Libraries as gatekeepers (and bill-paying proxies)

Almost there!  And then I can talk about TEI, which actually seems like fun.  Or not, which seems like even more fun. I’m not linking to any papers this time; let me know in the comments if I’m plagiarizing, and I’ll fix it.

Instead of quotes, I have anecdotes.

Anecdote 1. An idea from someone who might prefer anonymity: Instead of calling something “free”, like “free story time” or “free movies to checkout” or “free staples in the stapler”, libraries should start calling them “subsidized”.  As in “story time subsidized by taxpayers” or “movies subsidized by your tuition” or “staples ‘subsidized’ by the history department when they weren’t looking”.  Because it’s not free; heck, it’s not even usually free to the people we’re telling it’s free, because they’re (some of) the same ones who subsidized it first.  In fact, the same someone suggested placing a “normally $___, but thanks to ____, $0” sticker on everything.  “This article is normally $29 to print out, but thanks to the XSU library budget coming from your tuition, $0”.  That way, when we lose our subsidies and have to remove access or start charging directly, everyone says “Sorry about your subsidy loss,” instead of “Why are you ripping us off by charging for free stuff?”

Anecdote 2: A university library once asked their departments to give each of the department’s journals a letter grade: 1/4 A, 1/4 B, 1/4 C, and 1/4 D.  Then the library took its budget shortfall and translated it into cut-off access, starting at D.  In a fit of metadata awkwardness, the library had indeed, years ago, assigned each of its serials to one and only one university department.  As you can see, if a journal was kind of important to more than one department, it got the same grade as if it were kind of important to one (hopefully the right one, because I pity the journal who got assigned to the wrong place).  And not all journals got onto the list; publishers make bundle deals for a reason.  And there was that supreme awkwardness when the department responsible for Nature gave it a D; which translated into “I dare you to remove this.”

How does this link back to the previous articles?  DOIs are paid for by publishers, who pass the cost on to those who pay for scientific journals: academic libraries.  ISBNs are paid for by publishers, who pass the cost on to those who pay for books and e-books, among whom are libraries.  If we want our linked data and our bibliographic IDs and our discoverable metadata, money will be paid, and a portion (possibly sizable) of that will come from libraries.  And if the departments or the public want to say “all you do is pay bills.  I can do that for my own stuff!” then, as we can see above, we run into the question of what is “yours.”

Oh, and I heard faculty members got into actual fights over the journal grading. So let’s not pretend that “departments” or any portion of the public ever act as a unit.

But anyways, no one should ever have to figure out how to split the bill for this journal or this book or this catalog system or this link resolver or this story time.  No one should get shut out of information access for not having their portion of the bill.  No one should have to have their access and the ease of said access (or lack thereof, because the ability to give access is the ability to hinder or remove it) in the hands of someone who isn’t listening to everyone who uses it.  We work with people to figure out which information to get, how to get it, pay the bills, then make metadata to make sure the information gets back to the people. And that’s why we’re learning about metadata in LS566; because without it, access is severely hindered, either by lack of data or overdose of junk data.  No, even more than it already is.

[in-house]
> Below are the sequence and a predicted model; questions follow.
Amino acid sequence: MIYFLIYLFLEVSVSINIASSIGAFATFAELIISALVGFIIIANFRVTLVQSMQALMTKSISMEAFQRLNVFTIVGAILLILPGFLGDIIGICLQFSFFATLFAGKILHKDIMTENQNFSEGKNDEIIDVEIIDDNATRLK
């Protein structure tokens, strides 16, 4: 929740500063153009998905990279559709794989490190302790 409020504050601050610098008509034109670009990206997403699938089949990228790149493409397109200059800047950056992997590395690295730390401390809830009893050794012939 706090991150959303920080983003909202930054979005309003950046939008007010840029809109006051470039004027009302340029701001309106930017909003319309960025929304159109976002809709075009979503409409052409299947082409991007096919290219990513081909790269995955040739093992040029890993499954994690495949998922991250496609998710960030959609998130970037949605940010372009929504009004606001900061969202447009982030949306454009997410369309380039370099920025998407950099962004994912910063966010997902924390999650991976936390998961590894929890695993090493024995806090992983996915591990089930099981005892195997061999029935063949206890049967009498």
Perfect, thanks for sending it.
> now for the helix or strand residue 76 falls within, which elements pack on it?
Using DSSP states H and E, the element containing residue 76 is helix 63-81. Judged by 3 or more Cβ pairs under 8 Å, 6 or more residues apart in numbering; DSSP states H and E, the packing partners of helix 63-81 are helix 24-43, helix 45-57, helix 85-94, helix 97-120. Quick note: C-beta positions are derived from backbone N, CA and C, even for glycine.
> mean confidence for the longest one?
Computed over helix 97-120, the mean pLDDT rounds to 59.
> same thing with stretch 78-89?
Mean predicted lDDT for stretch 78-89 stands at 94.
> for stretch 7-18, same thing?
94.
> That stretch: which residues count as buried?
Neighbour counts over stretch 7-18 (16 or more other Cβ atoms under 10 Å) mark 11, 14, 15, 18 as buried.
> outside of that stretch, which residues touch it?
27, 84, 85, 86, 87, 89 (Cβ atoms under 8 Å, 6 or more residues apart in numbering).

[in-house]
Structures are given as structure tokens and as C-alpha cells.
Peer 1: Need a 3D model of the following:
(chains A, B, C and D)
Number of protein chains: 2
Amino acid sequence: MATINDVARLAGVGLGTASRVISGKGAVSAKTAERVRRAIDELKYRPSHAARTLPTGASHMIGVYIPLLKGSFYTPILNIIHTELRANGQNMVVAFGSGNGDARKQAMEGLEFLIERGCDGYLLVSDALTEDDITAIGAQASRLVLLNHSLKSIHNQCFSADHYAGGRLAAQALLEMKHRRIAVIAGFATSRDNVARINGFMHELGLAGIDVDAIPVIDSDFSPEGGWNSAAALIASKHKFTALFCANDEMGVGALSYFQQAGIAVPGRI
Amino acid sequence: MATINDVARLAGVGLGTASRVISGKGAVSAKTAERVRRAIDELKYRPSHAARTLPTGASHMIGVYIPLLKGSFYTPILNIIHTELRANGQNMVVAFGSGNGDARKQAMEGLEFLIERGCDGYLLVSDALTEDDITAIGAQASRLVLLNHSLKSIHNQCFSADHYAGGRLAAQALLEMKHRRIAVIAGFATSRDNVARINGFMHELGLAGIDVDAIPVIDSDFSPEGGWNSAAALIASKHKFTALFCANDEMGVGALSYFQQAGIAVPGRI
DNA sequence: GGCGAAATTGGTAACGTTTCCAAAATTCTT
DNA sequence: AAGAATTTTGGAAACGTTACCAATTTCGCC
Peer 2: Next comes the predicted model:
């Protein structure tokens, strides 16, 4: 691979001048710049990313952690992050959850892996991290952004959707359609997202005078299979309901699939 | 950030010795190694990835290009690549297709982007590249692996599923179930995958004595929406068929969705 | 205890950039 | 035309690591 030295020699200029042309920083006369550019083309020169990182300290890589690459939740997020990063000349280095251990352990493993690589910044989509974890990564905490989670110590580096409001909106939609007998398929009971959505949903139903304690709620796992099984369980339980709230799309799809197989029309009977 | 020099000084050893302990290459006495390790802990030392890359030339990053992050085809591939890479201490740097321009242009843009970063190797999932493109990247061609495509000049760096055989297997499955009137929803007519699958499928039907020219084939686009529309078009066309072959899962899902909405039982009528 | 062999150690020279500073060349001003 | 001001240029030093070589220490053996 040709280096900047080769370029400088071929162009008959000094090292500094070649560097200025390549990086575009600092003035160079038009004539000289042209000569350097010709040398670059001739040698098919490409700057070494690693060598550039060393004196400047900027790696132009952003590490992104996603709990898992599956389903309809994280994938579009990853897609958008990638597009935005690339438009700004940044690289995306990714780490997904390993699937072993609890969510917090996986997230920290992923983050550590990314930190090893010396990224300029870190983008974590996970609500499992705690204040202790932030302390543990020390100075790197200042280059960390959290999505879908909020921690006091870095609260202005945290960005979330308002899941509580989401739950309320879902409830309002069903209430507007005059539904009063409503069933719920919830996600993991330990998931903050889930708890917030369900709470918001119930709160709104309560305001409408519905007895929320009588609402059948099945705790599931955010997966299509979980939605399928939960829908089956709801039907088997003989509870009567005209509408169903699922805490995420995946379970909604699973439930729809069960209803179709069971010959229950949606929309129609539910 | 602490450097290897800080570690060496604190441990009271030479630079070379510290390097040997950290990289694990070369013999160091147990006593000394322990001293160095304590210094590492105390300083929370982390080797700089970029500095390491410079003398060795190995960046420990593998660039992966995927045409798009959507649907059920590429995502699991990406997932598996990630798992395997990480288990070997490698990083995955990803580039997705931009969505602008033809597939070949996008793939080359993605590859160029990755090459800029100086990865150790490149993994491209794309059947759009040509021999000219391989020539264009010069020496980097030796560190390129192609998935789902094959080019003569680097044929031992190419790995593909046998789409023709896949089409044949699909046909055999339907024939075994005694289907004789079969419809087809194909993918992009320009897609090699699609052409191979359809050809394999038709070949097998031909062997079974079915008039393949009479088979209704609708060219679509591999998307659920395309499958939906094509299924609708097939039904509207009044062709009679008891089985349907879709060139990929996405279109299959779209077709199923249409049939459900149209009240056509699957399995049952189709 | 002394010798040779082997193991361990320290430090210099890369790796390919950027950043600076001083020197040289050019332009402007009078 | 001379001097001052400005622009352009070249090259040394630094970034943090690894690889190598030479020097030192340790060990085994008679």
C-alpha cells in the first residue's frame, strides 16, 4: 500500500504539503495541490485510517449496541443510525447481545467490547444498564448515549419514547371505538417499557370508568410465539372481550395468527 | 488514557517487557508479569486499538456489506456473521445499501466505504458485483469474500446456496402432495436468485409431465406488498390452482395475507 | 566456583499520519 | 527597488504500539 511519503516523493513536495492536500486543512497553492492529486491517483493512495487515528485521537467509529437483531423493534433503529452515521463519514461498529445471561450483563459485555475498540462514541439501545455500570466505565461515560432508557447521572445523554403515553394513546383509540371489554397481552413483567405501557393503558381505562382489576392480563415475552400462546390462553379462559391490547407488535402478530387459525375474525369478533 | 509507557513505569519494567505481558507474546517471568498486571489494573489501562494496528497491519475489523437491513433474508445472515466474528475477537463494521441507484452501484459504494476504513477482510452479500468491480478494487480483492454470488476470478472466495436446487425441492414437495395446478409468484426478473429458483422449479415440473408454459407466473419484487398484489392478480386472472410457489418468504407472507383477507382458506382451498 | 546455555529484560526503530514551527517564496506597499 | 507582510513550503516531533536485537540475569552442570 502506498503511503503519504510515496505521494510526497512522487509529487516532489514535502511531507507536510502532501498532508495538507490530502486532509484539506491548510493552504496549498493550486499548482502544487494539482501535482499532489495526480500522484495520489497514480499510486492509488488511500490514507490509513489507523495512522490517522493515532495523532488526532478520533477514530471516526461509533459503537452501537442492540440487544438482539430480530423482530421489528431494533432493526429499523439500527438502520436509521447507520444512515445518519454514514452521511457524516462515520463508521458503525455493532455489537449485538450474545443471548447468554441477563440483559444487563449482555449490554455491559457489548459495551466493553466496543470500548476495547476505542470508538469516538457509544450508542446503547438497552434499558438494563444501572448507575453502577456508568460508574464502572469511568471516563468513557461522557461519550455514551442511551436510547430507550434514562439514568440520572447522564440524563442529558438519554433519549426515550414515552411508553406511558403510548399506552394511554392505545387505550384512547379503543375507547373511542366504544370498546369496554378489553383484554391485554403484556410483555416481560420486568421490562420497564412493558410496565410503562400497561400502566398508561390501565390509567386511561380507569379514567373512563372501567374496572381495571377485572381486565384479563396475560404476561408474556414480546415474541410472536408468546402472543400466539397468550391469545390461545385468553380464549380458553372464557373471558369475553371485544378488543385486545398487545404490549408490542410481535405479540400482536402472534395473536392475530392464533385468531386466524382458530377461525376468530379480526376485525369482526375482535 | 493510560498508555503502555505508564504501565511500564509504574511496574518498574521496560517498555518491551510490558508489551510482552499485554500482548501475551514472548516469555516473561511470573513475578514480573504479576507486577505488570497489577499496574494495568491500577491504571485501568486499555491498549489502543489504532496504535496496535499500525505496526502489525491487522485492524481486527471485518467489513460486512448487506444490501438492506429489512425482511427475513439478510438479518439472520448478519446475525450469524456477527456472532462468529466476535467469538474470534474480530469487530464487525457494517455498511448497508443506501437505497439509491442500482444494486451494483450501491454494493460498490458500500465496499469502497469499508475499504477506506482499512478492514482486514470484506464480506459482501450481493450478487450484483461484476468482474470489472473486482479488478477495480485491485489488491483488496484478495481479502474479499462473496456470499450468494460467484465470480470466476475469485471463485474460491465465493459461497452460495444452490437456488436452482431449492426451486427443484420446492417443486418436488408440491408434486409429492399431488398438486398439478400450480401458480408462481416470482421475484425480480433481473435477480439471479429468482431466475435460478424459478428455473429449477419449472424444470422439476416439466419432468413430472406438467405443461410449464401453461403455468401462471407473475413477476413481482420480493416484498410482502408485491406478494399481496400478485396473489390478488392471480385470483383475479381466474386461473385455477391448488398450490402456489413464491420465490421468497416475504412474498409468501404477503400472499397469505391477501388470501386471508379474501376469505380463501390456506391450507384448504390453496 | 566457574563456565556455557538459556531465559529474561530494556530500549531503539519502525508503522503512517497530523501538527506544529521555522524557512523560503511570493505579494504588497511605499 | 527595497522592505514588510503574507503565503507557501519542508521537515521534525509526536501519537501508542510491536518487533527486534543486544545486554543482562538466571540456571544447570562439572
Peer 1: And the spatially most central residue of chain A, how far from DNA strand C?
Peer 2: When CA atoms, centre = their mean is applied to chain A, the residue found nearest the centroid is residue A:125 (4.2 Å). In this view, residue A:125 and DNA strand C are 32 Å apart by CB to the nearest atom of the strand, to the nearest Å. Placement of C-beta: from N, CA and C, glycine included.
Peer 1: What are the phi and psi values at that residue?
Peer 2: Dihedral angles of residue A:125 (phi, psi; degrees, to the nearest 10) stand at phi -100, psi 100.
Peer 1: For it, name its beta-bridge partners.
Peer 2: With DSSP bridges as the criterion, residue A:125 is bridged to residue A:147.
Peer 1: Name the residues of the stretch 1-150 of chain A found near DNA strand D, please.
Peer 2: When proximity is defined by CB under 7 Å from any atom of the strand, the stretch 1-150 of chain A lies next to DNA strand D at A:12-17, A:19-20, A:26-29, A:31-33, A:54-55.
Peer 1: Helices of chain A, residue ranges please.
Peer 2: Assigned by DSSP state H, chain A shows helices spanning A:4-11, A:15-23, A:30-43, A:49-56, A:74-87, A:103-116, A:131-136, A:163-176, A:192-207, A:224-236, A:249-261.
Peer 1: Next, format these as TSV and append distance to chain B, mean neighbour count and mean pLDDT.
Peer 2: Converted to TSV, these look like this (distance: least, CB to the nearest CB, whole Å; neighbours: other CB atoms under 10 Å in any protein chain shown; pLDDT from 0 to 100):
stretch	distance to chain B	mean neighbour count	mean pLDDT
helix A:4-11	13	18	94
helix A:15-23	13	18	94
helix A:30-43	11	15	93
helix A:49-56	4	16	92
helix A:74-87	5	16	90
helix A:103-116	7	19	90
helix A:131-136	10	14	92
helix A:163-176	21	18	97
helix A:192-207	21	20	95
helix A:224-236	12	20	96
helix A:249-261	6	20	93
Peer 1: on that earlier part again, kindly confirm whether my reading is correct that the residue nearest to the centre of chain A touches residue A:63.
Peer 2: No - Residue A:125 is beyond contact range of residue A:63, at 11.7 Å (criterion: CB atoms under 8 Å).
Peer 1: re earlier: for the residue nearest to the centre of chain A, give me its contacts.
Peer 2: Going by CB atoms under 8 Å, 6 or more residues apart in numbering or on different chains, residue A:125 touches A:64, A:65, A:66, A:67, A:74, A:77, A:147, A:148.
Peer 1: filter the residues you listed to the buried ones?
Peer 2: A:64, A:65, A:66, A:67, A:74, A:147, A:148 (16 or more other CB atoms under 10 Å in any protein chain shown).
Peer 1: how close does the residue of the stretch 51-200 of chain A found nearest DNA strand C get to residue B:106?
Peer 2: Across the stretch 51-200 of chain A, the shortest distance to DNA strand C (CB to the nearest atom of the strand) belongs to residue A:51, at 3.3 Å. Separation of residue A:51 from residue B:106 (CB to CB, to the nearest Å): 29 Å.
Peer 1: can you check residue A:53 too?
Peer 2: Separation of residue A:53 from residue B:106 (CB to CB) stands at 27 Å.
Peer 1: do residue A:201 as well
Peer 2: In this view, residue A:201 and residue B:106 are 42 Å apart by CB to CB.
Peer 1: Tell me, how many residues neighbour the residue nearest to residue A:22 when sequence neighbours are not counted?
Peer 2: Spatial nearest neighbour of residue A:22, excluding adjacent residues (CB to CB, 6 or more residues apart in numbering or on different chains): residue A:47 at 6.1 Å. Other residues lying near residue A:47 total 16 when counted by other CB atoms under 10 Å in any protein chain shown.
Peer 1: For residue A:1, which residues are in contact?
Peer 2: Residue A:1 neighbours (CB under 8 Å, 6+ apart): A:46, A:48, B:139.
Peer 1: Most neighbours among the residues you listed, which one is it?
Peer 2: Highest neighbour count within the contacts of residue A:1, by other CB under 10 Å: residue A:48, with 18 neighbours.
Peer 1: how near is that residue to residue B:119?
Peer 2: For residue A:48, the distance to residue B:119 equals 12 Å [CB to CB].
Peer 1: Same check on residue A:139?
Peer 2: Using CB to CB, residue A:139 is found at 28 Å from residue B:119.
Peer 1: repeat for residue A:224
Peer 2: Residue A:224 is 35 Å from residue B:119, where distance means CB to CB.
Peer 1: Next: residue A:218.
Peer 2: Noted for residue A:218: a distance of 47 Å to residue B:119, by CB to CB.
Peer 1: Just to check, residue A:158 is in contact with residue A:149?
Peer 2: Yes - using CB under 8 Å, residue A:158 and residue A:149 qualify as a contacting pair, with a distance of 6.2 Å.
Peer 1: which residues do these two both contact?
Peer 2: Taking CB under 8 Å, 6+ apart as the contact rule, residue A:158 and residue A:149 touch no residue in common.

Libraries as gatekeepers (and bill-paying proxies)

4 thoughts on “Libraries as gatekeepers (and bill-paying proxies)

  1. In defense of the one journal-one dept system, I will say that splitting costs among multiple funds is a something of a nightmare from the accounting side, and few ILS systems handle it gracefully. It’s also one of those policies where once you’ve begun, it’s hard to know where to stop. How many departments would you split Nature, Science, or PNAS across? Of course, if you’re putting those on the chopping block, you’re in all kinds of trouble. The best part of this? Turns out when you look at actual usage data, faculty are notoriously bad at identifying the “best” journals!


    1. What if I said, in this case, that journal funding was from a central fund that never got divided? BOOK funding was divided, because faculty determined book purchases, but journal funding was not divided. But enough collection development stuff 🙂 I would note that faculty have a very distinct view of “best” journals, as each of their “best” journals may be used once a month by them and possibly only them, and tends to be skewed towards the journals they get published in. But again, a very non-metadata, but important question for academic libraries is “who are your patrons?”


  2. I find these “let’s peer under the hood” discussions especially interesting! In the past, people took libraries for granted AND they gladly paid for them through taxes and tuition. Now, it’s important to let our users peer under the hood to see how hard we work 😉 and to see all of the resource complexities that we deal with (and have to pay for….).


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